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The surname and people who share it

Coat of Arms

When wearing armour in battle, it was difficult to see who was who. Uniforms were no use, because people tended to change sides from time to time.

From about the early 12th century, combatants would wear symbols on badges, shields or flags, or on cloth worn outside the armour. It was literally a coat, with the symbols or 'arms' painted on: thus a 'coat of arms'. The symbols were simple, bold and colourful to make them easily recognisable.

The 'coat of arms' were passed on from generation to generation (usually in the male line), so they came to represent families rather than individuals.


Official messengers, known as heralds, were used to pass messages between the armies and their kings or princes. They obviously had to know which symbols represented which families so the designs were recorded in books called 'armorials'. Armorials contained illustrations with a description including colours, in a language based on an ancient form of French, the language used by most of the ruling classes since the 1066 invasion of William.

By about 1200 a protocol prevented anyone from using a coat of arms already used by someone else. This was taken to be 'common law' by around 1400. From then, a coat of arms could only be used if it was granted by the king and this was regulated by the heralds. This is essentially unchanged in Britain now, where coats of Arms can only be granted by Royal Warrant.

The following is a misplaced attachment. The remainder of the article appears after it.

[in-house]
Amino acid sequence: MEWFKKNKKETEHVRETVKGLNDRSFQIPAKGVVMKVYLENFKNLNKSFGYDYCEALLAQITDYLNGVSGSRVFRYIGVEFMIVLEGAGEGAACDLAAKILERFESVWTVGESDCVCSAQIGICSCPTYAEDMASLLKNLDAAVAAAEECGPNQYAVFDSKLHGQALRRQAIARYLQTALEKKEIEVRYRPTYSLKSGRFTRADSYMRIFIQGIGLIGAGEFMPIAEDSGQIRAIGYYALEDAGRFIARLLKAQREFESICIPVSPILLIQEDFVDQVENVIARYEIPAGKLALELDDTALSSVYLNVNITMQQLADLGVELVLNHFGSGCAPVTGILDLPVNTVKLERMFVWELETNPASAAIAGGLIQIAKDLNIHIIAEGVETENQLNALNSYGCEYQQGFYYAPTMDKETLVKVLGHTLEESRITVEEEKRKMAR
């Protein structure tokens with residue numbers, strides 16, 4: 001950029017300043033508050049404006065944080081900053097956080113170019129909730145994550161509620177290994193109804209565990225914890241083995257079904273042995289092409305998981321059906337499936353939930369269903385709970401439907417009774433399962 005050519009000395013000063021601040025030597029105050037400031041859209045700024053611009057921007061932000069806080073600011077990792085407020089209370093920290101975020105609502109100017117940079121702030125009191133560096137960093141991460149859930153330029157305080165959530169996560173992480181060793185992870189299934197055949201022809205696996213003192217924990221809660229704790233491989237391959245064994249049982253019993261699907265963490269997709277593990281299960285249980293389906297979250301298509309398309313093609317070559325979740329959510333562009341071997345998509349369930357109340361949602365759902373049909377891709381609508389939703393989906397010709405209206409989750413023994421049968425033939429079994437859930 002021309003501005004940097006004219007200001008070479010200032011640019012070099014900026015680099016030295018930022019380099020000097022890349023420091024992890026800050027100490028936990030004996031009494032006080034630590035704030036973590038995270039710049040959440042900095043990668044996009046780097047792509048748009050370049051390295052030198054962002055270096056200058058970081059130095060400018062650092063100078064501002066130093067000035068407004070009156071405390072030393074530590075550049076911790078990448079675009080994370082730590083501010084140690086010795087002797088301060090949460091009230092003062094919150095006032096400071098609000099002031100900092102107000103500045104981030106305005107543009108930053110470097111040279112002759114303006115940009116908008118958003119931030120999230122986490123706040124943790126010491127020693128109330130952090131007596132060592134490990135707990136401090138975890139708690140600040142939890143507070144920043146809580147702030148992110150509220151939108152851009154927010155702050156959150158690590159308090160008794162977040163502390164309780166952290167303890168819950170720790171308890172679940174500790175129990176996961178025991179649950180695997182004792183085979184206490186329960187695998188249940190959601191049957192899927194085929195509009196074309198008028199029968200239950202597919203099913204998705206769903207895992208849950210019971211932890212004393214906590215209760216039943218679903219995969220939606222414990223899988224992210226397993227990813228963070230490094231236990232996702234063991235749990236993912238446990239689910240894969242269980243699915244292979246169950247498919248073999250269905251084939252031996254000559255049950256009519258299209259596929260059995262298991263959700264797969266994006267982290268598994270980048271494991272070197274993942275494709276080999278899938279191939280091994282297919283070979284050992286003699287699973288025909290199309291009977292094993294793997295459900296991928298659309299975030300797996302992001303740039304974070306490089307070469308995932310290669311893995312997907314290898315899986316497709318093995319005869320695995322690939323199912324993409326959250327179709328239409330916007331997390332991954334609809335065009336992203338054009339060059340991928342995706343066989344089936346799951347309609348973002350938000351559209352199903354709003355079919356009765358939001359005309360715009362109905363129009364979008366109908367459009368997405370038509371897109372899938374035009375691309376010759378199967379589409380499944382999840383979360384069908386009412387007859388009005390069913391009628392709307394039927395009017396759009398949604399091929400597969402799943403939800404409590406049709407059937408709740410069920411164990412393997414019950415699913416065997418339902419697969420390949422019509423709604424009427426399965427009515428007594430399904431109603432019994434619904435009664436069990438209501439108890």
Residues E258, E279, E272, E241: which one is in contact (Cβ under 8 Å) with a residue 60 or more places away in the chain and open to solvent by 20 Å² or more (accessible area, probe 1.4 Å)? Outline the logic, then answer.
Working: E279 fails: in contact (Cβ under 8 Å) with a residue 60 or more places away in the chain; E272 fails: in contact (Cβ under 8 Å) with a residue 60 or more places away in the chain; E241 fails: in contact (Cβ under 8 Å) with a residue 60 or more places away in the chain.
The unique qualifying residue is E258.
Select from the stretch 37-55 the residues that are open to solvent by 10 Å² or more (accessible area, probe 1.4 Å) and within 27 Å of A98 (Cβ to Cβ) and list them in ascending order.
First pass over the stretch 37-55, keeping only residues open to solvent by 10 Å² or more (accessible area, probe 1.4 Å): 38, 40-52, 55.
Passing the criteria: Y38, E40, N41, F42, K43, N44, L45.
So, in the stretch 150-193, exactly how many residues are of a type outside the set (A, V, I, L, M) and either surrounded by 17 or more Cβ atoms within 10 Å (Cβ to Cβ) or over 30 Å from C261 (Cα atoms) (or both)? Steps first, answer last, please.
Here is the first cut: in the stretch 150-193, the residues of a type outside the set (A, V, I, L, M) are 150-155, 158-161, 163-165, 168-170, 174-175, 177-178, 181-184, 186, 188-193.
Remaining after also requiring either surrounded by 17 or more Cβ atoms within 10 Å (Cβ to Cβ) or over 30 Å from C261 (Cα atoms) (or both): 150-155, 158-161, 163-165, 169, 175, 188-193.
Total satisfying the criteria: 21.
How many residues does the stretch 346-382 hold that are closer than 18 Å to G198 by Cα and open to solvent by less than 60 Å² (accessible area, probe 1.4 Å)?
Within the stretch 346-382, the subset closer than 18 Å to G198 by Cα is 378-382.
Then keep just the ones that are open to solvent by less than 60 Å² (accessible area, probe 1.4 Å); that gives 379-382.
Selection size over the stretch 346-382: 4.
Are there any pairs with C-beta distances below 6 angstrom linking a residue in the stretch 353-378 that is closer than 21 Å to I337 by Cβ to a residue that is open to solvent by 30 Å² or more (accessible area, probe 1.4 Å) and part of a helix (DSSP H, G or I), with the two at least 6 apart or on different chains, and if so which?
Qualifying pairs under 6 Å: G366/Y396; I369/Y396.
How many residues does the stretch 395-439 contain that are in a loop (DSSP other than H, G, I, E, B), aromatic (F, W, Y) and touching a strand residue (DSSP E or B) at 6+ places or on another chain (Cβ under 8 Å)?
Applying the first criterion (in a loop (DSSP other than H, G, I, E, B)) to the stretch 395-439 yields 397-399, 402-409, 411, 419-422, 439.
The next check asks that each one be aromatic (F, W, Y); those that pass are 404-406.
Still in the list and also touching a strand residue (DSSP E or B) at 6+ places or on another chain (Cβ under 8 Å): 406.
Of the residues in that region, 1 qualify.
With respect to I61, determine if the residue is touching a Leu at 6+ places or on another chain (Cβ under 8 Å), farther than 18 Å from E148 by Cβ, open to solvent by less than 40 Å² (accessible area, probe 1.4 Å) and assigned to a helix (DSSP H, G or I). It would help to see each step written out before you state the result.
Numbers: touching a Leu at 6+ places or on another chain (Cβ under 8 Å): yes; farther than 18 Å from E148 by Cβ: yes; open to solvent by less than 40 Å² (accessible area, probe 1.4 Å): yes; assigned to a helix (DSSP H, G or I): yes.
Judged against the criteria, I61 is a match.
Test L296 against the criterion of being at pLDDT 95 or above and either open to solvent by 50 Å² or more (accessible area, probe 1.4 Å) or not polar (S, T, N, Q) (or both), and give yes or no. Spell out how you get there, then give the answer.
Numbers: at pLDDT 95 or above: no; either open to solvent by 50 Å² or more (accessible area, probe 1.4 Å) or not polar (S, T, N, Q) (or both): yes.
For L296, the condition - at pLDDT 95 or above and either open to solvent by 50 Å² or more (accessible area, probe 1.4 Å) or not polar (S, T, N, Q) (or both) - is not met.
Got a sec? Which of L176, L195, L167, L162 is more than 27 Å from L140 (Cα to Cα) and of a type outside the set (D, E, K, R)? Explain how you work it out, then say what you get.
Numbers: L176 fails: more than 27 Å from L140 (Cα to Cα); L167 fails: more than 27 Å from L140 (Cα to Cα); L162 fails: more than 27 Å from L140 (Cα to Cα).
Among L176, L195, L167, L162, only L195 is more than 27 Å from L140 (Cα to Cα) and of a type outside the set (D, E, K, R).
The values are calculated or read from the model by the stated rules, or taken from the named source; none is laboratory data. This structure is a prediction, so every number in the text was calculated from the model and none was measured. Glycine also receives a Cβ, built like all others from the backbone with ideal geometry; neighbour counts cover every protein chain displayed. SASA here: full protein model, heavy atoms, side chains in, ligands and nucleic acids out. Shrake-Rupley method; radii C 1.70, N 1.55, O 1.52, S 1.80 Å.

The Titherly coat of arms is 'Ermine, two cripping irons in saltire gules'. 'Ermine' describes the background, white ermine fur with a black tail design. 'Cripping irons', also called 'grosing-irons' or 'nippers', were tools used by glaziers, so one supposes that this was the family trade at the time. 'Saltire' means in the shape of the St. Andrew's cross. 'Gules' is the colour - red. This gives the red cripping irons in a St Andrew's cross shape on an ermine background.

The picture of the coat of arms is from a photo of the Tytherleigh Arms pub sign, taken by Howard Tytherleigh.

Mottos have been used with a coat of arms since about the 14th century, although they were not used regularly until the 18th century. In England, anyone can adopt a motto and no authority is needed to use one, although they are usually mentioned in records where there is one. Although examples of the arms are seen with mottos, there is no record of an established motto for the Titherly/Tytherleigh coat of arms,

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